As a compositional approach, minimalism is a tricky balancing act: you have to cut out as much as you can, but make as much as you can with it. Success depends on the tautness of that choreographic high wire. Chiara Frigo’s piece has certainly cut out a lot. Lacking even a title, this is a two-hander by less than one person: a duet for her hands only. Frigo stays seated in darkness, only her bare arms illuminated. Over a slow-burn 15 minutes, the measured clasps and rubs of her hands build to rapid skitters, wipes and thrusts – until the light simply switches off. The mood is carried by the sound: staticky buzzes, street noises, electro beats. Is it taut? Yes, and not overstretched. Knowing when to stop, Frigo pulls off the minimalist feat with aplomb.
Douglas Thorpe’s Beast shows that more is not necessarily more. The opening duet sums up the theme, one woman fighting like a captive creature in the vice-like grip of her bloke. There are unison sections, with the whole cast of three gangsterish hulks and three gym-toned women launching and diving across the floor. In between there are violent duets, the women pinned and pulled by their men, slapped against walls, and chucked to the ground before coming back for more. The dancers are all top-notch and seriously fit. Though the choreography is bruisingly dynamic and full-on, dramatically it feels static, even hollow. There’s no development, and – despite brief moments of speech – no insight into the brutality.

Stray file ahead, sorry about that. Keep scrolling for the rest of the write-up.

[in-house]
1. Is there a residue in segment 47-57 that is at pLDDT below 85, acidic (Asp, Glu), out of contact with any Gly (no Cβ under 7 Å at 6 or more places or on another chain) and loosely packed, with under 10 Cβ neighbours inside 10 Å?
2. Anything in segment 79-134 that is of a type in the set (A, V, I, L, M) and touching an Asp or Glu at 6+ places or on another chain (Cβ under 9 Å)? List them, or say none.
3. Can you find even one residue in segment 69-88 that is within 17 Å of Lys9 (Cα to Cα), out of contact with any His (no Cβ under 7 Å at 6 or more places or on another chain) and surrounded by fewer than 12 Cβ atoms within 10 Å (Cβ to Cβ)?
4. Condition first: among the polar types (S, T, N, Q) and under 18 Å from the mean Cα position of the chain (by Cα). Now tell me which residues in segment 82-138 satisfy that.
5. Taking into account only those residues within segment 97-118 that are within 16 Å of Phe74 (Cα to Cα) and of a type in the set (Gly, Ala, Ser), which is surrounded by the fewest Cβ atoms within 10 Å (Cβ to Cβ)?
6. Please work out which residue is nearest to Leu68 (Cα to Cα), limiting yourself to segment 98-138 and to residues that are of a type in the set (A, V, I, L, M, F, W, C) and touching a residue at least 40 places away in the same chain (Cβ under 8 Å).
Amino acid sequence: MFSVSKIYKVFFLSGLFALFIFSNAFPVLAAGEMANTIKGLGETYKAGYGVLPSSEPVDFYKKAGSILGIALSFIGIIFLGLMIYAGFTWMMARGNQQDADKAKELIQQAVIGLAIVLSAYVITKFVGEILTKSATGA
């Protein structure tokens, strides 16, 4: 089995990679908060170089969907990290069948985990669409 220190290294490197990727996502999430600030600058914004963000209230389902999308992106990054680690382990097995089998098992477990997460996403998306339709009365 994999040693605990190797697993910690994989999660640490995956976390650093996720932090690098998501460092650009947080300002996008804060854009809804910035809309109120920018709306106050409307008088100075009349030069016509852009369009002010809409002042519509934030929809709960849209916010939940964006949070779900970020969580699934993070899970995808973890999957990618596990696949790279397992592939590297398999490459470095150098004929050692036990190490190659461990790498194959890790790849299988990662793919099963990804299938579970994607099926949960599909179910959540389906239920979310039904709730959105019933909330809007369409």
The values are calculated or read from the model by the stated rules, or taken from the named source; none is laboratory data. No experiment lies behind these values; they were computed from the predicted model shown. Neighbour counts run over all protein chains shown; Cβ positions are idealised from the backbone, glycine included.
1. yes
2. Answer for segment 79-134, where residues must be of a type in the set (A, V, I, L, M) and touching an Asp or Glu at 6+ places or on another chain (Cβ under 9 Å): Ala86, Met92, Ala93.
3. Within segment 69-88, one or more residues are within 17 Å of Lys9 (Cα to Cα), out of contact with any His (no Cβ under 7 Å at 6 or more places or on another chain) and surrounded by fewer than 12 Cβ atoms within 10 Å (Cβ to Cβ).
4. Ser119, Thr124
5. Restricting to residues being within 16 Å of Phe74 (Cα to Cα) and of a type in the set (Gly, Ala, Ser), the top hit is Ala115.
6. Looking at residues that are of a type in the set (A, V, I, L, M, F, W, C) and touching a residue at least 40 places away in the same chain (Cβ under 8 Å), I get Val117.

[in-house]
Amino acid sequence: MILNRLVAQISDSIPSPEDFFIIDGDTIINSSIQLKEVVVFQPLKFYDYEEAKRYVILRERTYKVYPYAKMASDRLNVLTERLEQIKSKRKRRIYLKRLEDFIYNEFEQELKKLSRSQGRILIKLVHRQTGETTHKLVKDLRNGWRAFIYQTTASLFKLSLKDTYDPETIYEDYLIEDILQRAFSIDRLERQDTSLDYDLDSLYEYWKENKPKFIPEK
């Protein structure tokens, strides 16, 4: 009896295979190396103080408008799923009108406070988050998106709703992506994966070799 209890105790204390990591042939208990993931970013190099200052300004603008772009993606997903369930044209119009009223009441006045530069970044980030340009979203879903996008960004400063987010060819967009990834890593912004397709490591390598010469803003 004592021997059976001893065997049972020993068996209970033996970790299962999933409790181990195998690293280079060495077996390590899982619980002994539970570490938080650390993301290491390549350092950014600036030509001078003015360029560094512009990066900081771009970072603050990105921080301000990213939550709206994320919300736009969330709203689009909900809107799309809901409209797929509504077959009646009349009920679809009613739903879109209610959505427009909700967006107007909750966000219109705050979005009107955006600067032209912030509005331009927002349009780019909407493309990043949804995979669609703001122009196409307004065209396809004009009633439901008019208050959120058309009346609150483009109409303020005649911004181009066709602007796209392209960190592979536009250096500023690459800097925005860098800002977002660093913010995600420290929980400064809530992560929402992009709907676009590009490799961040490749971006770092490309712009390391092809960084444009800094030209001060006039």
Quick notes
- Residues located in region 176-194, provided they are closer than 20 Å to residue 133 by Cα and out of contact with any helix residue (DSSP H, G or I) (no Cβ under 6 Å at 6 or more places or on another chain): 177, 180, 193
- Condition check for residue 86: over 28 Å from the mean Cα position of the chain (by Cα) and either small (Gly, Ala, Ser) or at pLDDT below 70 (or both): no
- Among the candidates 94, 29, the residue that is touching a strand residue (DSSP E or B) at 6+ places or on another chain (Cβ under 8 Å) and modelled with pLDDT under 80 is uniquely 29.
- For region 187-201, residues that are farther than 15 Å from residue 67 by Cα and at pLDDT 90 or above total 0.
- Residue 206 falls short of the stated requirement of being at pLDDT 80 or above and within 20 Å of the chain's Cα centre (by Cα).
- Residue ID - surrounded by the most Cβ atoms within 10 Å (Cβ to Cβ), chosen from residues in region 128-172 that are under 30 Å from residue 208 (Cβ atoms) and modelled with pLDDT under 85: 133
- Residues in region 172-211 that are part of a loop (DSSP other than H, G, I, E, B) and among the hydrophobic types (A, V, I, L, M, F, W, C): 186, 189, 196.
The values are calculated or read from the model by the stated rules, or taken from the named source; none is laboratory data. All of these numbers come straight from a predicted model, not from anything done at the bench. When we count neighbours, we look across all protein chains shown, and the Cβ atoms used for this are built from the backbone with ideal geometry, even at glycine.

VOCAB dance company present a more upbeat take on male-female relations. Lasting has the feeling of an end-of-year school show: an easy-on-the-eye piece that showcases its all its dancers without distinguishing any. To Nitin Sawhney’s easy-on-on-the ear score, the eight performers tumble and swoop through some well-crafted, feelgood choreography. The theme in the voiceover – about finding the one-in-a-million person to be with – is way too big for this lightweight work to carry.